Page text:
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East Boston public housing complex to be demolished, rebuilt

Jule Pattison-Gordon
East Boston public housing complex to be demolished, rebuilt
Residents, city and state officials and members of the development team and financing partners gathered for a groundbreaking at Orient Heights. Many said the public housing was long overdue for redevelopment. (Photo: Photo: Isabel Leon)

After decades of waiting, residents of East Boston’s Orient Heights public housing complex have brand new units on the horizon.

“After 25 years, this is the first project that came through for us residents,” said Ann Marie Lara, a 25-year Orient Heights resident who said she has seen many pushes to upgrade the property fail to take off.

Orient Heights originally was built in 1951, and is described in a city statement as “the most physically distressed property in the Boston Housing Authority’s state-funded portfolio.” The BHA began its redevelopment planning process in 2008.

Under the completed project, all 331 public housing units will be demolished and rebuilt, maintaining their current affordability. An additional 42 market-rate units will be added to the site, as will a new community center and public park.

Last week, developers broke ground on the project’s first phase, which calls for razing 90 of the Boston Housing Authority-owned units and replacing them with 120 new units. Phase one is expected to be complete in 2018.

The redevelopment represents the new face of BHA development funding: public-private partnerships. With federal financial support declining, the department of Housing and Urban Development has encouraged such collaborations.

“Developing private investments into public housing is becoming increasingly important, and, in many ways, the only way we can make these deals done,” said BHA Administrator Bill McGonagle at the groundbreaking. “The wave of the future — and wave of the present — is these public-private partnerships.”

Previously, McGonagle has told the Banner that budget constraints made building upkeep a daunting prospect for the BHA to tackle solo.

Many hands on deck

The Orient Heights project reflects a collaboration among the state Department of Housing and Community Development, Boston Housing Authority, East Boston Community Development Corporation and Trinity Financial, and ICON Architecture, and included involvement of the local tenant organization and other groups. Following redevelopment, the BHA will ground-lease the land to Trinity or its affiliated entities for 99 years. A Trinity entity will own the buildings constructed in each phase; a joint venture between Trinity Management and East Boston CDC will act as property manager.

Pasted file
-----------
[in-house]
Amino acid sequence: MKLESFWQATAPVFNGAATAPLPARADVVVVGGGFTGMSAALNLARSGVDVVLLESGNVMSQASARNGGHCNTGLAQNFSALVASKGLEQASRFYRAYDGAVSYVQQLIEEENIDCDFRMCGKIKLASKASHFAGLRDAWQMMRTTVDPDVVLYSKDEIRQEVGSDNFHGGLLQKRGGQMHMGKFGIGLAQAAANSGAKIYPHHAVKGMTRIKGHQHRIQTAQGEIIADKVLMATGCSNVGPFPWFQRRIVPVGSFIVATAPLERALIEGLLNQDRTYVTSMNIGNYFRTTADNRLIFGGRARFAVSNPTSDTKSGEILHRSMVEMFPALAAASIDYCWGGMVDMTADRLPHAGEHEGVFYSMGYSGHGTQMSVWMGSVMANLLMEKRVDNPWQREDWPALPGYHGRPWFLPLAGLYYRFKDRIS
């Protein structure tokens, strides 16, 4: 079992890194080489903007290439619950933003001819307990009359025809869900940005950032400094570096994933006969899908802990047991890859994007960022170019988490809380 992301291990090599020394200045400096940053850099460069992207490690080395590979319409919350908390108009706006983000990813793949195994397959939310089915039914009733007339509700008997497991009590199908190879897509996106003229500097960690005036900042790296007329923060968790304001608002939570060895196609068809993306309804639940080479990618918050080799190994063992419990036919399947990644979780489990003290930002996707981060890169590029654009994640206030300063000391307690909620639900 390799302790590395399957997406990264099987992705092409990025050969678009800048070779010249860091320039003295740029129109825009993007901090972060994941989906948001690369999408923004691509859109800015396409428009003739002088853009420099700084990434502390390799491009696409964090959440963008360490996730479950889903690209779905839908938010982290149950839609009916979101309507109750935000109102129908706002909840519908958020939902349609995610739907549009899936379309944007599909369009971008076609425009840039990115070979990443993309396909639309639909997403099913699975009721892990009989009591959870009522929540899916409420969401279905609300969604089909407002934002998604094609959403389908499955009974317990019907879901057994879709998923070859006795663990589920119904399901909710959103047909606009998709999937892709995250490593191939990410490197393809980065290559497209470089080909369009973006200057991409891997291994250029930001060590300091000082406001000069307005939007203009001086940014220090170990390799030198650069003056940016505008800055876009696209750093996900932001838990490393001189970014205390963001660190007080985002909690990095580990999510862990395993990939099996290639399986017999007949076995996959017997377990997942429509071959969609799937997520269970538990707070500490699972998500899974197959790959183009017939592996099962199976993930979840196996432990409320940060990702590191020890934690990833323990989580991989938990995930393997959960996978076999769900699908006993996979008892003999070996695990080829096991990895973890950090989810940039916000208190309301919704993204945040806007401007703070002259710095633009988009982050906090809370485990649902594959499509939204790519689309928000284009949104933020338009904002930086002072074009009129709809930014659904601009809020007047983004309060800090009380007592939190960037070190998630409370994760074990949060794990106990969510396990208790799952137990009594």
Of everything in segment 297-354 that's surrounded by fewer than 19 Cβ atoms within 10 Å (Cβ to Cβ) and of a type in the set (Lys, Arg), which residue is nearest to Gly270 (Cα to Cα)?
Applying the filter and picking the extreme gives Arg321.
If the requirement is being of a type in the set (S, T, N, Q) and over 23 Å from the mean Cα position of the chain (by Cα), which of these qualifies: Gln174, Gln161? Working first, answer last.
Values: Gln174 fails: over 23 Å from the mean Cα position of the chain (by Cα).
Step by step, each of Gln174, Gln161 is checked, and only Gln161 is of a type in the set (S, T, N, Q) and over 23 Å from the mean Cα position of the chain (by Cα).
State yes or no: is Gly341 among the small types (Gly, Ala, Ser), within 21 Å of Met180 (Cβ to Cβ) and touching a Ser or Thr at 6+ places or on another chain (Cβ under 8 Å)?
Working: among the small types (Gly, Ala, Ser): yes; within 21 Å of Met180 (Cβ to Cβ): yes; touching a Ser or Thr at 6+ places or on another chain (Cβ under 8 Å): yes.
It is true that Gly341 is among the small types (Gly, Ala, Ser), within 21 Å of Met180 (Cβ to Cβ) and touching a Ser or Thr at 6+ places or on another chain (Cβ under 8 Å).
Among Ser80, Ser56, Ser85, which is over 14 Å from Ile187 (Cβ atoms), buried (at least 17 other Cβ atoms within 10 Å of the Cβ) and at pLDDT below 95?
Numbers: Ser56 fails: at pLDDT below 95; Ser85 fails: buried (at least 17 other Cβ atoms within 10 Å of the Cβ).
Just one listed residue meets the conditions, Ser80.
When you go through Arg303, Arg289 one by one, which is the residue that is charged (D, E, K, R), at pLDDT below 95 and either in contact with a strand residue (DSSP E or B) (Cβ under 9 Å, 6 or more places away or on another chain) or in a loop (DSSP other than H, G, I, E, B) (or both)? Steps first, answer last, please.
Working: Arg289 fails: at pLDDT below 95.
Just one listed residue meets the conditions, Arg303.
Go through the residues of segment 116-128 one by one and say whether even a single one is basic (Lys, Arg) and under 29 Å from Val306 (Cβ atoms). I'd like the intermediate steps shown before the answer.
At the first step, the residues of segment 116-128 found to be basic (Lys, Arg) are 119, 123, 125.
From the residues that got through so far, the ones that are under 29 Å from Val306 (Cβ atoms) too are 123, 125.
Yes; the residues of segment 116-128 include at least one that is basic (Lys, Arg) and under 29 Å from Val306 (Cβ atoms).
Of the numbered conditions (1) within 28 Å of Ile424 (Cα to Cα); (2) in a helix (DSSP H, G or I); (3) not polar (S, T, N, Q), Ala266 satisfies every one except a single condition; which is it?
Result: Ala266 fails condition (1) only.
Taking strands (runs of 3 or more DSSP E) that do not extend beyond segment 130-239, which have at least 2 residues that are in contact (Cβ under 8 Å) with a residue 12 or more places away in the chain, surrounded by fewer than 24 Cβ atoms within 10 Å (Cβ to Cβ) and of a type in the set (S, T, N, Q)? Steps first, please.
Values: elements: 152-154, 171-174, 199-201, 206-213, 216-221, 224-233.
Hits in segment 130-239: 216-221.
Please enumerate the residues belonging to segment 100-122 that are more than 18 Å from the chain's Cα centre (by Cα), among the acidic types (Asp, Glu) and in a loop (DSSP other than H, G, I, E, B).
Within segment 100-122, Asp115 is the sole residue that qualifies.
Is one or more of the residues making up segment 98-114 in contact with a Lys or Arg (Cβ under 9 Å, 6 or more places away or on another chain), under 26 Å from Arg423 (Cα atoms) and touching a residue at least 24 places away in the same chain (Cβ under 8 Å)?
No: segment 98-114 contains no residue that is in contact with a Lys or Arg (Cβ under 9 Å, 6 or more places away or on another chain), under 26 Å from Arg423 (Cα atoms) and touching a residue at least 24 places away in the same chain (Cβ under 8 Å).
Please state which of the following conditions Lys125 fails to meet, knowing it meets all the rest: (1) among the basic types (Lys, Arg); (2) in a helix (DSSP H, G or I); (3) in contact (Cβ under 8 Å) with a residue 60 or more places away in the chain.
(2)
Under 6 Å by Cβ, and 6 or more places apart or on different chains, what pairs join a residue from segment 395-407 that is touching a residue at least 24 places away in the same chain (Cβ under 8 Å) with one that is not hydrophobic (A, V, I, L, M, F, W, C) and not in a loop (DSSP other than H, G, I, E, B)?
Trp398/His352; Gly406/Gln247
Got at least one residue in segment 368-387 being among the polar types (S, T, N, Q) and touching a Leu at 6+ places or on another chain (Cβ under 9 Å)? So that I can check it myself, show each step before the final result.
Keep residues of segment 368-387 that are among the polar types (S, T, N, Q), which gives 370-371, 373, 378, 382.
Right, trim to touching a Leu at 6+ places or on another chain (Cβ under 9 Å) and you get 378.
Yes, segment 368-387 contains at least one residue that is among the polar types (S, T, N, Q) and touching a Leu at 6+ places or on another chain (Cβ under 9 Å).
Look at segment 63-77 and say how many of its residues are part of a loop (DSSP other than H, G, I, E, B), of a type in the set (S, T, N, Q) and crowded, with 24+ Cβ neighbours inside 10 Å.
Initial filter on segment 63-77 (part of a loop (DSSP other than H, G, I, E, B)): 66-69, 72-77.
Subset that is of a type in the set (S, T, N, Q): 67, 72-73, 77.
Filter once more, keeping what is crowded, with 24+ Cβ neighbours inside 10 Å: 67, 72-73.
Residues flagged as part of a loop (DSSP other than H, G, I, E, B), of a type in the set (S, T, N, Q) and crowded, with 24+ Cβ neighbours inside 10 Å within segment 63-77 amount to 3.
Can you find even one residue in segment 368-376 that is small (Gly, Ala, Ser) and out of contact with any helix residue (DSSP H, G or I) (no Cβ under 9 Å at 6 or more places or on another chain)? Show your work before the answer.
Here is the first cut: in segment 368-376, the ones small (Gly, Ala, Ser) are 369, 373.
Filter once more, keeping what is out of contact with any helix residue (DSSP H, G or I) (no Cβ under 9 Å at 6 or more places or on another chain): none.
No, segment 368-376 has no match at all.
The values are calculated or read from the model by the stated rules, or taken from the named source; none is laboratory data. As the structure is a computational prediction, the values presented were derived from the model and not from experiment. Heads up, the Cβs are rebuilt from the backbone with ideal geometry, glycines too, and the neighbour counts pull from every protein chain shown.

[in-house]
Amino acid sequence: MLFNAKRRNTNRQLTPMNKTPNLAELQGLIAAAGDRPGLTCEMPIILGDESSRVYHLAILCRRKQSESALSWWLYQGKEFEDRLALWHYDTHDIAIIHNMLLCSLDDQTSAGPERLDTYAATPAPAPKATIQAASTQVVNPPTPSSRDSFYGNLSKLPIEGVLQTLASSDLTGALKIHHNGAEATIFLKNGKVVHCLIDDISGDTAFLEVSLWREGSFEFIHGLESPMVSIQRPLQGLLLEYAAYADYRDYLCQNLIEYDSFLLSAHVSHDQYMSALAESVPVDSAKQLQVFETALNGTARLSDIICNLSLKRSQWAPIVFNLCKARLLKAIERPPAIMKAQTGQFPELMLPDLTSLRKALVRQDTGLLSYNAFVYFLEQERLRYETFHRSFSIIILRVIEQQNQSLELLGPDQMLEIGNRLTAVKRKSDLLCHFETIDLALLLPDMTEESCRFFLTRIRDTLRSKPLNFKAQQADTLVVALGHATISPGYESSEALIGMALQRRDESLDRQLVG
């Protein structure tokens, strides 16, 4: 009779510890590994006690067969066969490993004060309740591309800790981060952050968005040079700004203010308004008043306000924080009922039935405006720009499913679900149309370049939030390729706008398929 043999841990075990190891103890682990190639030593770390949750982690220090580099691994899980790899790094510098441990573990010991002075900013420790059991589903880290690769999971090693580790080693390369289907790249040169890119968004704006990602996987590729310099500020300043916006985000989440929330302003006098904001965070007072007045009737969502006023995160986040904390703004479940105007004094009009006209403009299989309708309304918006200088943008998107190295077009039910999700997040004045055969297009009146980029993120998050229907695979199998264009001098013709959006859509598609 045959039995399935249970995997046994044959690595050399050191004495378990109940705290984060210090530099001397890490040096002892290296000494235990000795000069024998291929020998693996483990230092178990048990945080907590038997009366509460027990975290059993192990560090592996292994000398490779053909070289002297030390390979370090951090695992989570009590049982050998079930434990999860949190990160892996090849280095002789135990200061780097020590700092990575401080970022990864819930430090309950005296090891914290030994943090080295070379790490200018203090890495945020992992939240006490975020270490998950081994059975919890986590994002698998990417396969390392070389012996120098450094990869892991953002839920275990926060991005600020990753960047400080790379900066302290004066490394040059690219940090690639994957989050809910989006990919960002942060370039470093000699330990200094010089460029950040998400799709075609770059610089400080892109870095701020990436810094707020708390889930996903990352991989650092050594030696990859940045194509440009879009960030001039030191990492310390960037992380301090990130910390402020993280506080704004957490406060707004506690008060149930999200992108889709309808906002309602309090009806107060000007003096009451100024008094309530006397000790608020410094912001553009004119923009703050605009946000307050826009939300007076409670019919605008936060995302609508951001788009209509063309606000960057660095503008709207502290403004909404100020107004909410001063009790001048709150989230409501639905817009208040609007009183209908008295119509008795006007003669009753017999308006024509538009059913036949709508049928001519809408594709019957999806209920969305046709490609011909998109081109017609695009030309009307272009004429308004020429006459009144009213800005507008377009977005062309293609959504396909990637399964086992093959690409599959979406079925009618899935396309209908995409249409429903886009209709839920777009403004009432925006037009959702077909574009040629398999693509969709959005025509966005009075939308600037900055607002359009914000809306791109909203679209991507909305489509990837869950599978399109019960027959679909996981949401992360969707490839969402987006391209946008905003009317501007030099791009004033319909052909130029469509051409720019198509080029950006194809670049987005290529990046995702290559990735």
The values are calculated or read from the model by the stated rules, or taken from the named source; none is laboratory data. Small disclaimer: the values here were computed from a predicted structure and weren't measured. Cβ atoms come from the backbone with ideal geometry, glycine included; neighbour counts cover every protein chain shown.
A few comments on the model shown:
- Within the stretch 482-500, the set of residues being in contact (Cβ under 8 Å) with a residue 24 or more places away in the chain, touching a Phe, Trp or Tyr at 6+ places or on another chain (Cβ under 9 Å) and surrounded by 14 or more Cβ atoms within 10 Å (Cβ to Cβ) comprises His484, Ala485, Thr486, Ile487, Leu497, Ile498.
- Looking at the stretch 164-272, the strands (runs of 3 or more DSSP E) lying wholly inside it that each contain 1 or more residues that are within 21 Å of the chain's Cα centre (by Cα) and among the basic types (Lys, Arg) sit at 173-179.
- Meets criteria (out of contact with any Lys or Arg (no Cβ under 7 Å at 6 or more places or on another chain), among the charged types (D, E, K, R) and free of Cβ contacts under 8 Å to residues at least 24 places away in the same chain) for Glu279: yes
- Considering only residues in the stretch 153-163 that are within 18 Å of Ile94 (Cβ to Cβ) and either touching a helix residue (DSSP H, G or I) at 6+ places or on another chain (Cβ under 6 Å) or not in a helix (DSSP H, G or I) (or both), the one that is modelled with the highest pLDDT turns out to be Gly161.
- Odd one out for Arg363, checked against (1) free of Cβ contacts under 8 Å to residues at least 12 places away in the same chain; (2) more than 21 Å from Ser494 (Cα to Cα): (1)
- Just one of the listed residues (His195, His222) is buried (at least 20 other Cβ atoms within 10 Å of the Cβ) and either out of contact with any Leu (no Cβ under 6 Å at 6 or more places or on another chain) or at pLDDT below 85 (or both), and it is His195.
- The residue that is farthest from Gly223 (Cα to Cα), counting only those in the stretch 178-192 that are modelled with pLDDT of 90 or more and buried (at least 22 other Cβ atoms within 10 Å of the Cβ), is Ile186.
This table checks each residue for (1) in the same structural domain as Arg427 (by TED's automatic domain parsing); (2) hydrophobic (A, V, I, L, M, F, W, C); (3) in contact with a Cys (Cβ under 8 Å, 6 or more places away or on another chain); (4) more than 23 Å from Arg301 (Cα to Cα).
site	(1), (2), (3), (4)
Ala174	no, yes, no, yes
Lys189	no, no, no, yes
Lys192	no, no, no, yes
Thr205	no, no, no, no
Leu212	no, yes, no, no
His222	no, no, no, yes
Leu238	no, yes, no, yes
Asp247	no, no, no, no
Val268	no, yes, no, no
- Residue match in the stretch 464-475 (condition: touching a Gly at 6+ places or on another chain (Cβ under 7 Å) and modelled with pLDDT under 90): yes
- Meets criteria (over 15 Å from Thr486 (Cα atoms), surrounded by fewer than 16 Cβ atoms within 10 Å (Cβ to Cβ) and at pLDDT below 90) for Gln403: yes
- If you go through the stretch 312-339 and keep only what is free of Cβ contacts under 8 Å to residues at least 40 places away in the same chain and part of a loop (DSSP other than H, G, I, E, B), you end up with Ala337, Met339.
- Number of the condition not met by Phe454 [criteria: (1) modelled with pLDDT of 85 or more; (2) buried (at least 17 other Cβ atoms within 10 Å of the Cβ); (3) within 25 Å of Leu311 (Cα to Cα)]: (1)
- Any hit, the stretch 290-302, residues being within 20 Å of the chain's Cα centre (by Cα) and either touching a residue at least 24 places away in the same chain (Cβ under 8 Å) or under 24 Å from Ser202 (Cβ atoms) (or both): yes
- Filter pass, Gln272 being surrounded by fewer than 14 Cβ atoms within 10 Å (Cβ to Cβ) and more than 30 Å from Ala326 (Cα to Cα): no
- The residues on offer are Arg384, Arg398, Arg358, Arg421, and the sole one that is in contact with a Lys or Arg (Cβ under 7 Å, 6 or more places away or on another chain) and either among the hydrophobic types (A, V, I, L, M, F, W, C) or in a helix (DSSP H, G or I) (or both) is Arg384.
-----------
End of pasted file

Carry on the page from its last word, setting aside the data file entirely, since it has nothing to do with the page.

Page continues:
Suffolk Construction will build the first phase, utilizing an all-union workforce.

Phase one

Under the first phase of the project, developers will demolish 90 units and a decommissioned central boiler plant. In their place, they will construct 120 new units of affordable rental housing in four townhouse buildings and one mid-rise building on Waldemar Avenue.

During construction, residents will be able to move into other BHA-owned public housing or use a state-subsidized voucher to rent privately. If they do not choose to return to the Orient Heights following the redevelopment, they may remain in their new locations.

Project financing

The project is pegged at approximately $51.2 million. Speakers at the groundbreaking praised the political and corporate collaboration behind the complex financing package. Funding phase one is approximately $33 million in High Leverage Asset Preservation Program and state capital funds; $1 million in Boston Department of Neighborhood Development Neighborhood Housing Trust Funds; $18 million from Raymond James Tax Credit Funds, Inc.; and a $26.5 million construction loan from Citi Community Capital.

The city contributed an additional $10 million — generated from the sale of the Winthrop Square Garage — toward further improvements.

Finances have yet to be compiled for the later phases, but DHCD Undersecretary Chrystal Kornegay expressed confidence it would be secured. She said Mayor Martin Walsh’s high financial commitment lends the project credibility.

“We may not know how we’re going to get it done, but we’re going to get it done,” she said.

Community inclusion

Al Caldarelli, executive director of East Boston CDC, told attendees that the architectural vision will weave the Orient Heights complex into the larger East Boston community, from which many residents have felt isolated.

“We will have a development that is ‘Orient Heights in East Boston’ and no longer a ‘project,’” Caldarelli said.

Orient Heights occupants have long been stigmatized, tenant Ann Marie Lara told the Banner. Their children’s school friends often are not allowed to visit the housing complex, Lara and others tenants said, and people living a few streets over consider themselves a different neighborhood.

Adding market rate units will transform the property into mixed-income and blend Orient Heights into the rest of the community, Lara added.

“We will no longer be considered ‘The Projects.’”